Photo credit: Vancouver Maritime Museum

Photo credit: Vancouver Maritime Museum

9. Guest Blog: Ray Pierce 

March 14, 2017

 
Ray Pierce: OHPRI's Ice Pilot for the expedition 

Ray Pierce: OHPRI's Ice Pilot for the expedition 

I am delighted to join the Captain and complement of Oliver Hazard Perry in the capacity of Ice Pilot. I am an “old hand” in the Arctic and in dealing with Arctic challenges. Despite the menace of my years as a shipmaster and ice pilot this is my first “Tall Ship” assignment.

My career has centered on service in the Canadian Coast Guard as a Ship’s Officer, Commanding Officer then with industry focusing on Arctic Offshore as an icebreaker captain , superintendent and manager and finally again with the Canadian Coast Guard as a senior executive responsible for all CG and Dept. of Fisheries operations in Central and Arctic Canada. During this period I worked determinedly to build an ongoing program for Arctic Science. This past ten years as president of Polar Marine Ltd., I have returned to work as the senior ice pilot and manager of ice operations. I also maintain a focus on related activities such as technological developments, ice management systems, etc. I have developed specialized technologies and operational methodologies to advance operations in waters where ice dominates and where cold ocean engineering rules the day. This has included ice-seismic used to gain scientific information where little has been previously been possible including the rigorous coastal waters of NE Greenland and nearly to the North Pole.

I am passionate about all “Arctic matters” and especially ships, ice, and the people with whom we share the circumpolar arctic. A related passion is for sailing and visiting the lesser known coastal places that hold their own stories. Whenever circumstances permit, I venture out on my sailboats; Arctic Grail and Arctic Bear, a pair of lovely sister offshore cutters.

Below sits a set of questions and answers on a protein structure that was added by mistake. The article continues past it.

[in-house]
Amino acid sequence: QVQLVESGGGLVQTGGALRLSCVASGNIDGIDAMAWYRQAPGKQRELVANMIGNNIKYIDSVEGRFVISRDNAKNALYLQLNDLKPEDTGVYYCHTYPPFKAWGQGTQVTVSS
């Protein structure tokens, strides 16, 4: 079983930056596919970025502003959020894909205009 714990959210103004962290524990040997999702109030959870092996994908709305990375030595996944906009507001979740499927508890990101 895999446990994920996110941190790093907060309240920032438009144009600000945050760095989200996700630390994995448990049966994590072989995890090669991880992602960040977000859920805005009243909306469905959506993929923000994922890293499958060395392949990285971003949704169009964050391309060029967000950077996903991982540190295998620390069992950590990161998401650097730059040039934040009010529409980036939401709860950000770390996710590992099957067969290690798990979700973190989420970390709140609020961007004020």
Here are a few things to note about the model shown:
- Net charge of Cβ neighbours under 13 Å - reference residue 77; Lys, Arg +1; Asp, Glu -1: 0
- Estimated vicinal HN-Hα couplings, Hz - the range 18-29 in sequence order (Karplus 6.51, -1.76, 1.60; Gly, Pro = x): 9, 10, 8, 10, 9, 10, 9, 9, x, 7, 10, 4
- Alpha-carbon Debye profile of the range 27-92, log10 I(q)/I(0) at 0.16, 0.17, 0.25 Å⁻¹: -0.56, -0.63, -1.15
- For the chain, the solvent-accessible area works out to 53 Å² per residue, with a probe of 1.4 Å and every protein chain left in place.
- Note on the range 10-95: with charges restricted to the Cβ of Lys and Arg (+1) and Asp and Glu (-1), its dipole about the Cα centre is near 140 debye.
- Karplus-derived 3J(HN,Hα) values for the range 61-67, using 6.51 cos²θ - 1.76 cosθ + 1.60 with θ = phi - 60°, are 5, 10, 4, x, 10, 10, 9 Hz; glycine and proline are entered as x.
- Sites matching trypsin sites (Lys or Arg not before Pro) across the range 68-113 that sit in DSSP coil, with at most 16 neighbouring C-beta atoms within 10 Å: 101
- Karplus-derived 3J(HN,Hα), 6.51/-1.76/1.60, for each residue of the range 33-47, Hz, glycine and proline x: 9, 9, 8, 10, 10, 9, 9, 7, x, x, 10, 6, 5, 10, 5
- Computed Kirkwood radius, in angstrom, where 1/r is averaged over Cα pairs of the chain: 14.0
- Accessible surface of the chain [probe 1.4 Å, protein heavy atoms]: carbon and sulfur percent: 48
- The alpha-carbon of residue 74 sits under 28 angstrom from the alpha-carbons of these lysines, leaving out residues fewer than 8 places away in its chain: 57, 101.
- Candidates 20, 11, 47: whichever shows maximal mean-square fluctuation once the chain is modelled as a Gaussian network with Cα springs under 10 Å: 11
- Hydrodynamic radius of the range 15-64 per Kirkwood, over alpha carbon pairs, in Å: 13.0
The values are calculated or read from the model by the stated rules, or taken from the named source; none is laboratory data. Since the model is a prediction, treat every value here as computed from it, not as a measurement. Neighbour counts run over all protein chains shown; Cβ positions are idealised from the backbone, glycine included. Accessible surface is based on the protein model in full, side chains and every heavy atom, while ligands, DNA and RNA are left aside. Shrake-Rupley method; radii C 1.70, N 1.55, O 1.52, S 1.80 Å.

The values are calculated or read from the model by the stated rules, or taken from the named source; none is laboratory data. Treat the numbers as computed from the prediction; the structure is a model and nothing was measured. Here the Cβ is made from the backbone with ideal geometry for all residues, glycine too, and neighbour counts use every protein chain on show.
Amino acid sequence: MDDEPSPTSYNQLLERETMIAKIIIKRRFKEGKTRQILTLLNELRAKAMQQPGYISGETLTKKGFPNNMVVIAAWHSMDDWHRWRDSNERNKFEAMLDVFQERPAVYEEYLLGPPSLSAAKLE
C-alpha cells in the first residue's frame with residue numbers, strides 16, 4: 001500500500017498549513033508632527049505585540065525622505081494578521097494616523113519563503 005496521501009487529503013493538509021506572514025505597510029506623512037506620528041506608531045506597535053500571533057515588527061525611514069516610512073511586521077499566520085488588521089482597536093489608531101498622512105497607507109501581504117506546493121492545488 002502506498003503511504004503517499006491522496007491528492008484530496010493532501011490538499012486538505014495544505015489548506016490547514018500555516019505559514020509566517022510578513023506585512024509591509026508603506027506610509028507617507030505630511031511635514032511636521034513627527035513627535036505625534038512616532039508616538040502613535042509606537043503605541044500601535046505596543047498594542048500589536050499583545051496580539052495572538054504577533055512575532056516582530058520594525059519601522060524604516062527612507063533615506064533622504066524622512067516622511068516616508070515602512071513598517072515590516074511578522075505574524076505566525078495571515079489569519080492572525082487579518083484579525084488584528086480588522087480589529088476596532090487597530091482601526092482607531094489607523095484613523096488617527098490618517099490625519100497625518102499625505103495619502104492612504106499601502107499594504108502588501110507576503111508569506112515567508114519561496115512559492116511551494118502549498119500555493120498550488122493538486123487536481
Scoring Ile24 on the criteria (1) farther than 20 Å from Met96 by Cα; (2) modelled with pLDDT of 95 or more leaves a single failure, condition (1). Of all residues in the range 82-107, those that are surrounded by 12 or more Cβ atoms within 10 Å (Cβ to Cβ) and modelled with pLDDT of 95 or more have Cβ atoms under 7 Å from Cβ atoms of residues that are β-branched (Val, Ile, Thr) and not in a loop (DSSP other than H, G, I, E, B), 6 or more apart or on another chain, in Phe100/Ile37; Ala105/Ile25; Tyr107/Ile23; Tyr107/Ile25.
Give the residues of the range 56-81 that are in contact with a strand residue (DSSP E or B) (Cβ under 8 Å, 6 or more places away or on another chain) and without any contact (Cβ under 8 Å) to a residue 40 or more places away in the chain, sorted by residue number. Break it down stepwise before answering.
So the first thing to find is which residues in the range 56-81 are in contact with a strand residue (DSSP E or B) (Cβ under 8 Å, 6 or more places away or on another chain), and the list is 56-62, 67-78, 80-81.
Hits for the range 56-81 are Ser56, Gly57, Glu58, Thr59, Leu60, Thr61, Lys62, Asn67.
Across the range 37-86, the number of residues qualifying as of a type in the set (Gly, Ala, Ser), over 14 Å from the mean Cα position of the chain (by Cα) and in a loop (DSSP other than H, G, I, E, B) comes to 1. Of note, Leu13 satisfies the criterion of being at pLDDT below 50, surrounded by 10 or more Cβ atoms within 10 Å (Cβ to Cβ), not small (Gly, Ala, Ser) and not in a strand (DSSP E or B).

In support of the OHP Arctic Mission we have advanced assessments of historical ice conditions with assessments of various probabilities for our area of interest.  We will soon be conducting our early season outlook for this part of the Northwest Passage and adjacent waters. The Arctic marine mosaic is dominated by two emerging realities of particular importance to us in considering this voyage. Firstly, the Arctic ice regimes are in decline due to climate change. While this often relates to less harsh ice regimes and more open water in the summer Arctic Navigation Season, it also embraces new challenges for ice-navigation as we find the more rigorous old ice migrating to areas where it has traditionally been restrained by first year ice, and similar variations.  Secondly, the traveling partner of climate change is greater inter-year variability which has been so prevalent in the Arctic. Thus the “median ice” condition is more nebulous than in earlier, more climatically-stable times. Less in the Arctic does not mean that our particular area of interest will be treated accordingly in any given year.

My main role onboard Oliver Hazard Perry will be to support the Captain and the entire mission with quality ice advice and recommendations to ensure the voyage is conducted in ice conditions the ship can confidently manage. Our ship is not designed to break ice and we will treat ice with due respect. We will make use of the best technologies available such as satellite ice imagery, a Narwhal Ice Management System, ice charts, ice prediction models and proven “ice navigation” practices to properly manage the mission. We will encounter ice but we will not allow ourselves to be compromised.

Read more about our voyage to the Arctic

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